Main article: Condorcet winner criterion |

Many concepts formulated by the Marquis de Condorcet in the 18th century continue to significantly impact the field. One of these concepts is the Condorcet winner, a candidate preferred over all others by a majority of voters. A voting system that consistently elects this candidate, if one exists, is known as Condorcet consistent or as satisfying the Condorcet criterion. Such systems are referred to as Condorcet methods.

However, in elections where no Condorcet winner exists, a Condorcet cycle is likely to occur, best explained through an example. Suppose an election involves three candidates - A, B, and C, with 30 voters such that ten vote C–B–A, ten vote B–A–C, and ten vote A–C–B. In this case, no Condorcet winner exists. Specifically, A cannot be a Condorcet winner as two-thirds of voters prefer B over A. Similarly, B cannot be the winner as two-thirds prefer C over B, and C cannot win as two-thirds prefer A over C. This forms a cycle where the search for a Condorcet winner fails to find one.

Main article: Median voter theorem |

Ballot | Count |
---|---|

A–B–C | 36 |

B–A–C | 15 |

B–C–A | 15 |

C–B–A | 34 |

Spatial voting models, initially proposed by Duncan Black and further developed by Anthony Downs, provide a theoretical framework for understanding electoral behavior. In these models, each voter and candidate is positioned within an ideological space that can span multiple dimensions. It is assumed that voters tend to favor candidates who closely align with their ideological position over those more distant. A political spectrum is an example of a one-dimensional spatial model.

The accompanying diagram presents a simple one-dimensional spatial model, illustrating the voting methods discussed in subsequent sections of this article. It is assumed that supporters of candidate A cast their votes in the order of A-B-C, while candidate C's supporters vote in the sequence of C-B-A. Supporters of candidate B are equally divided between listing A or C as their second preference. From the data in the accompanying table, if there are 100 voters, the distribution of ballots will reflect the positioning of voters and candidates along the ideological spectrum.

Spatial models offer significant insights because they provide an intuitive visualization of voter preferences. These models give rise to an influential theorem—the median voter theorem—attributed to Duncan Black. This theorem stipulates that within a broad range of spatial models, including all one-dimensional models and all symmetric models across multiple dimensions, a Condorcet winner is guaranteed to exist. Moreover, this winner is typically the candidate closest to the median of the voter distribution.

Applying these principles to the illustrated diagram reveals a Condorcet winner, candidate B, who is preferred over candidate A by 64% of voters and over candidate C by 66%. Consistent with the median voter theorem, the Condorcet winner aligns closely with the median of the voter distribution.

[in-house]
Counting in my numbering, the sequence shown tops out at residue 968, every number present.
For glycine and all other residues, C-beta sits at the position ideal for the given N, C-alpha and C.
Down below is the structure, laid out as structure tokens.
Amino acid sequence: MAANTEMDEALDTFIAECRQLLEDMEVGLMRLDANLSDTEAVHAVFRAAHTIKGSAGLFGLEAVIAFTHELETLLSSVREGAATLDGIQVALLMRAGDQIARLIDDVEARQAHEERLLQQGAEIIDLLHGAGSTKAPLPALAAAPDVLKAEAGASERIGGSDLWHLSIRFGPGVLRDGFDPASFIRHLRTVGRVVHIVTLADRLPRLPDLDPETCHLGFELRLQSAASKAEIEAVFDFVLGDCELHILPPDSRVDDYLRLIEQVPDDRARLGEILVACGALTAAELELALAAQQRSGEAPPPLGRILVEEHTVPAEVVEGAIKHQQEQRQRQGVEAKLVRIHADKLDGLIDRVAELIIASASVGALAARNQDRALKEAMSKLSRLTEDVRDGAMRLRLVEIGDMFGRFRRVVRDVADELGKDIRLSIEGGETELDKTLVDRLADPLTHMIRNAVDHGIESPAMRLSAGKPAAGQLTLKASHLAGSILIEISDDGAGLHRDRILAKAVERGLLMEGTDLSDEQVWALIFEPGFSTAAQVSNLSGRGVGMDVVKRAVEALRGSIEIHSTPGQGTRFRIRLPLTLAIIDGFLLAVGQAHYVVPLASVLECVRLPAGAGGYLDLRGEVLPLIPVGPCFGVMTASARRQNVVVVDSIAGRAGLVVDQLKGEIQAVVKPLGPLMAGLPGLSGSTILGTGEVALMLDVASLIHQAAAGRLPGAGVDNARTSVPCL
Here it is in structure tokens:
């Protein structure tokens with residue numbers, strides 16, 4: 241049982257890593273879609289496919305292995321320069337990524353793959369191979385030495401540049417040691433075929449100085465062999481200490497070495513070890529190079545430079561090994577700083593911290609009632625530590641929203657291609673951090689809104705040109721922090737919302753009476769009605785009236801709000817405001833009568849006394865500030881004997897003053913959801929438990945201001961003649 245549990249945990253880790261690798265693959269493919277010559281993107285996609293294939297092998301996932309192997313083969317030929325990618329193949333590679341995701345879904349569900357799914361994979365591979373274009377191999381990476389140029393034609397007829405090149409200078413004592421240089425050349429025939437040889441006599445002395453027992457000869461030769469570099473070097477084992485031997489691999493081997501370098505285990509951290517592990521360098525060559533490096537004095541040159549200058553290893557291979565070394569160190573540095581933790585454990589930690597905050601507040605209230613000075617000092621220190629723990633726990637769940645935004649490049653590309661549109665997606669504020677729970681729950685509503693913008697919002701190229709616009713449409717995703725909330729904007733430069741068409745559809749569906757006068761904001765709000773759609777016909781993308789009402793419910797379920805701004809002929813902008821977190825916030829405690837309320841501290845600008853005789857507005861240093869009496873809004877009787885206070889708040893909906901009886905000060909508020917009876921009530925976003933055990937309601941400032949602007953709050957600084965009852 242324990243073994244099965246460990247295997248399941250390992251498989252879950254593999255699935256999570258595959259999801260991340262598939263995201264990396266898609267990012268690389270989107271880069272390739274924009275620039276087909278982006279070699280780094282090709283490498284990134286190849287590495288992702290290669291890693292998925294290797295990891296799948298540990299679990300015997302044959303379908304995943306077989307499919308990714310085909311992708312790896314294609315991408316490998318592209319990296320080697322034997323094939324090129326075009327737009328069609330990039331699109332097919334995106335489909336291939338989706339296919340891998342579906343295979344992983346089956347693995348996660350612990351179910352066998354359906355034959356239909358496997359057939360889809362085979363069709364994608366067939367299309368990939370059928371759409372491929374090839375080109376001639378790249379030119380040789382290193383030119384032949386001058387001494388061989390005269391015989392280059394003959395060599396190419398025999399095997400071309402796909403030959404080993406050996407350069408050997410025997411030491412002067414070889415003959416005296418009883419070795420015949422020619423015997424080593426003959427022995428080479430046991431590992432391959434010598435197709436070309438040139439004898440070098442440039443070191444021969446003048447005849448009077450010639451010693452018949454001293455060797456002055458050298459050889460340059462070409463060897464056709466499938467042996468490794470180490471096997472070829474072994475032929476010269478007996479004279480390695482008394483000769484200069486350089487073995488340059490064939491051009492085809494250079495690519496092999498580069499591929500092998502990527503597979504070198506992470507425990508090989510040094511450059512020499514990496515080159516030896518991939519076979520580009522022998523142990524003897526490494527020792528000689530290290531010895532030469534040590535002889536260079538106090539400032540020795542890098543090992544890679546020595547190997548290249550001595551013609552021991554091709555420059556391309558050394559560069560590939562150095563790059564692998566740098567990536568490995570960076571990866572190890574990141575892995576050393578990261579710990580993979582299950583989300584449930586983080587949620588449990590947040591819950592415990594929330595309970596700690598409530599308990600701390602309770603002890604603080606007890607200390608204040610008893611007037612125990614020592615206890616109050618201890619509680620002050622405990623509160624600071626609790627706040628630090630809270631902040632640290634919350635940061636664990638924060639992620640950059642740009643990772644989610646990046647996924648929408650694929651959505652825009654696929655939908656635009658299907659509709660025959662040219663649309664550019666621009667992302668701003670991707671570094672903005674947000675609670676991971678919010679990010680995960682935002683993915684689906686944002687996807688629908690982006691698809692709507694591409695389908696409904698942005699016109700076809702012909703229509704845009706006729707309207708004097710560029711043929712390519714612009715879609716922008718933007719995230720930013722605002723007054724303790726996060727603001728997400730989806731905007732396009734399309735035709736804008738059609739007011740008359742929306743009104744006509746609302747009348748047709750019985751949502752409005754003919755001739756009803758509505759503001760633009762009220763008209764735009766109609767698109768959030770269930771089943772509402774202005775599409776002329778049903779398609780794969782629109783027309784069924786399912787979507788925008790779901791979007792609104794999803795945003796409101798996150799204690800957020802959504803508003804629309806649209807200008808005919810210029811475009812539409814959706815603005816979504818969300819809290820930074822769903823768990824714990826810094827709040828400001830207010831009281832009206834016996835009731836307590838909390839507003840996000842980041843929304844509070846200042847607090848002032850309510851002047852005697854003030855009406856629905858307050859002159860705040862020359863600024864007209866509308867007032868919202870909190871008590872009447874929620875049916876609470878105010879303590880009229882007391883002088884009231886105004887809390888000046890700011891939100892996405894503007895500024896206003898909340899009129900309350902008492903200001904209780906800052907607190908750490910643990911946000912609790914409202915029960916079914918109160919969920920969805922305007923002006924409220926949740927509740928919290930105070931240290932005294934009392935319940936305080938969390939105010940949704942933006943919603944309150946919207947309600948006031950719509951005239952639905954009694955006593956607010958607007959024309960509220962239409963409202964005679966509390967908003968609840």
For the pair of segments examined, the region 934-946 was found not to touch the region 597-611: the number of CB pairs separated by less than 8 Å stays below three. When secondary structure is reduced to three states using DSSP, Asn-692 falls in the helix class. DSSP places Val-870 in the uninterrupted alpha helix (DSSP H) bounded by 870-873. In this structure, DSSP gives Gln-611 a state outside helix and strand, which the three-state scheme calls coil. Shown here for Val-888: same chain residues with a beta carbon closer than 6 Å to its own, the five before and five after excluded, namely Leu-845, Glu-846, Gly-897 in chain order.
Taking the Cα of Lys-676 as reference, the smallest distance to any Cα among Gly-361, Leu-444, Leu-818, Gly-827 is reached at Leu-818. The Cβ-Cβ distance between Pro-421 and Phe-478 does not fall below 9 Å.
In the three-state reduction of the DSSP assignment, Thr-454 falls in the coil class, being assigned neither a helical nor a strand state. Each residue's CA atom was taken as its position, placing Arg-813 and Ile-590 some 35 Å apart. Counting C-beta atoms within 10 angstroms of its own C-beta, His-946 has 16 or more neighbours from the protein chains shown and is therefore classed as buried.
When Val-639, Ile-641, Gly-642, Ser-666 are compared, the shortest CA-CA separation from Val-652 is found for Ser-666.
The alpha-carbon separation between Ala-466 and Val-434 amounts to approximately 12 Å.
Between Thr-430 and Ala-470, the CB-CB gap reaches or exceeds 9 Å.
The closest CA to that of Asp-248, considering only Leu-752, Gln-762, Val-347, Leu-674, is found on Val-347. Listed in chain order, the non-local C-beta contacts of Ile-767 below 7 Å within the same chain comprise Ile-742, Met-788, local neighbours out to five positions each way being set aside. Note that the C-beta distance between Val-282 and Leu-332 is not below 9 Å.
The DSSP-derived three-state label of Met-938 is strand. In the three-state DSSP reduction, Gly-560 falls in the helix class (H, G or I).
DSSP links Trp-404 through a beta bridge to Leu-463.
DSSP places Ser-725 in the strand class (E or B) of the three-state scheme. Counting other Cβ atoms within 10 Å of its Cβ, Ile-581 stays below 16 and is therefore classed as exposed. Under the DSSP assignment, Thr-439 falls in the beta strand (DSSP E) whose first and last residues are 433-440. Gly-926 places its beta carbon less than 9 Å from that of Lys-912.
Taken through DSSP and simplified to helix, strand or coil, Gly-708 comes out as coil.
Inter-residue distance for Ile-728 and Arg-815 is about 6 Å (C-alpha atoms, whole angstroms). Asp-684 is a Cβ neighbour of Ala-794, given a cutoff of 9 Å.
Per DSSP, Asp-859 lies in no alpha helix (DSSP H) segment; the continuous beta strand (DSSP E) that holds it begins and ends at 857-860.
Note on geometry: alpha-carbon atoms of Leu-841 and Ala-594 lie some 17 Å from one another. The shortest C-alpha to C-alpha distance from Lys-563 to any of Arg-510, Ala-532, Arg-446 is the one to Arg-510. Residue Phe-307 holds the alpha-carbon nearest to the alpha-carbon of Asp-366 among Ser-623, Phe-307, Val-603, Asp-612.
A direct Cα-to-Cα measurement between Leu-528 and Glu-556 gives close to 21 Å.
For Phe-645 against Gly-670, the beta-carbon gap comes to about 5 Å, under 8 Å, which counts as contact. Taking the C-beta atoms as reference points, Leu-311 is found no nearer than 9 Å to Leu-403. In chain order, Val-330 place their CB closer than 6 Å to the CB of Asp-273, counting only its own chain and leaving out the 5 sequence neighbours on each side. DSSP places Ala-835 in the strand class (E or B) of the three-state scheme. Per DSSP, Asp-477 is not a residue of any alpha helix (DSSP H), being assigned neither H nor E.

Main articles: Arrow's impossibility theorem and Gibbard's theorem |

The implications of Arrow's impossibility theorem cast a shadow on the promise of ranked voting. While the median voter theorem demonstrates the feasibility of creating a voting method that functions flawlessly for a broad spectrum of voter preferences, Arrow's theorem posits the impossibility of devising a system that operates without fail in every conceivable scenario.

The true reflection of electoral behavior—whether it aligns more closely with the optimism posited by Black or the pessimism suggested by Arrow—is a question best answered through empirical investigation. Certain studies, including a notable publication by Tideman and Plassman,^{[13]} propose that simplistic spatial models that adhere to the median voter theorem accurately emulate observed voter behavior. Adding to the discourse of pessimistic views, Gibbard's theorem, put forth by Allan Gibbard, asserts the inevitability of susceptibility to tactical voting in any voting system.

Main article: Borda count |

Candidate | Score |
---|---|

A | 87 |

B | 130 |

C | 83 |

The Borda count is a ranking system that assigns scores to each candidate based on their position in each ballot. If *m* is the total number of candidates, the candidate ranked first on a ballot receives *m - 1* points, the second receives *m - 2*, and so on, until the last-ranked candidate who receives zero. In the given example, candidate *B* emerges as the winner with 130 out of a total 300 points.

While Borda count is simple to administer, it does not meet the Condorcet criterion. It has a significant limitation in that its result can be heavily influenced by the entry of candidates who themselves have no real possibility of winning.

Systems that award points in a similar way but possibly with a different formula are called positional systems. The score vector *(m - 1, m - 2,..., 0)* is associated with the Borda count, *(1, 1/2, 1/3,..., 1/m)* defines the Dowdall system and (1, 0,... , 0) equates to first-past-the-post.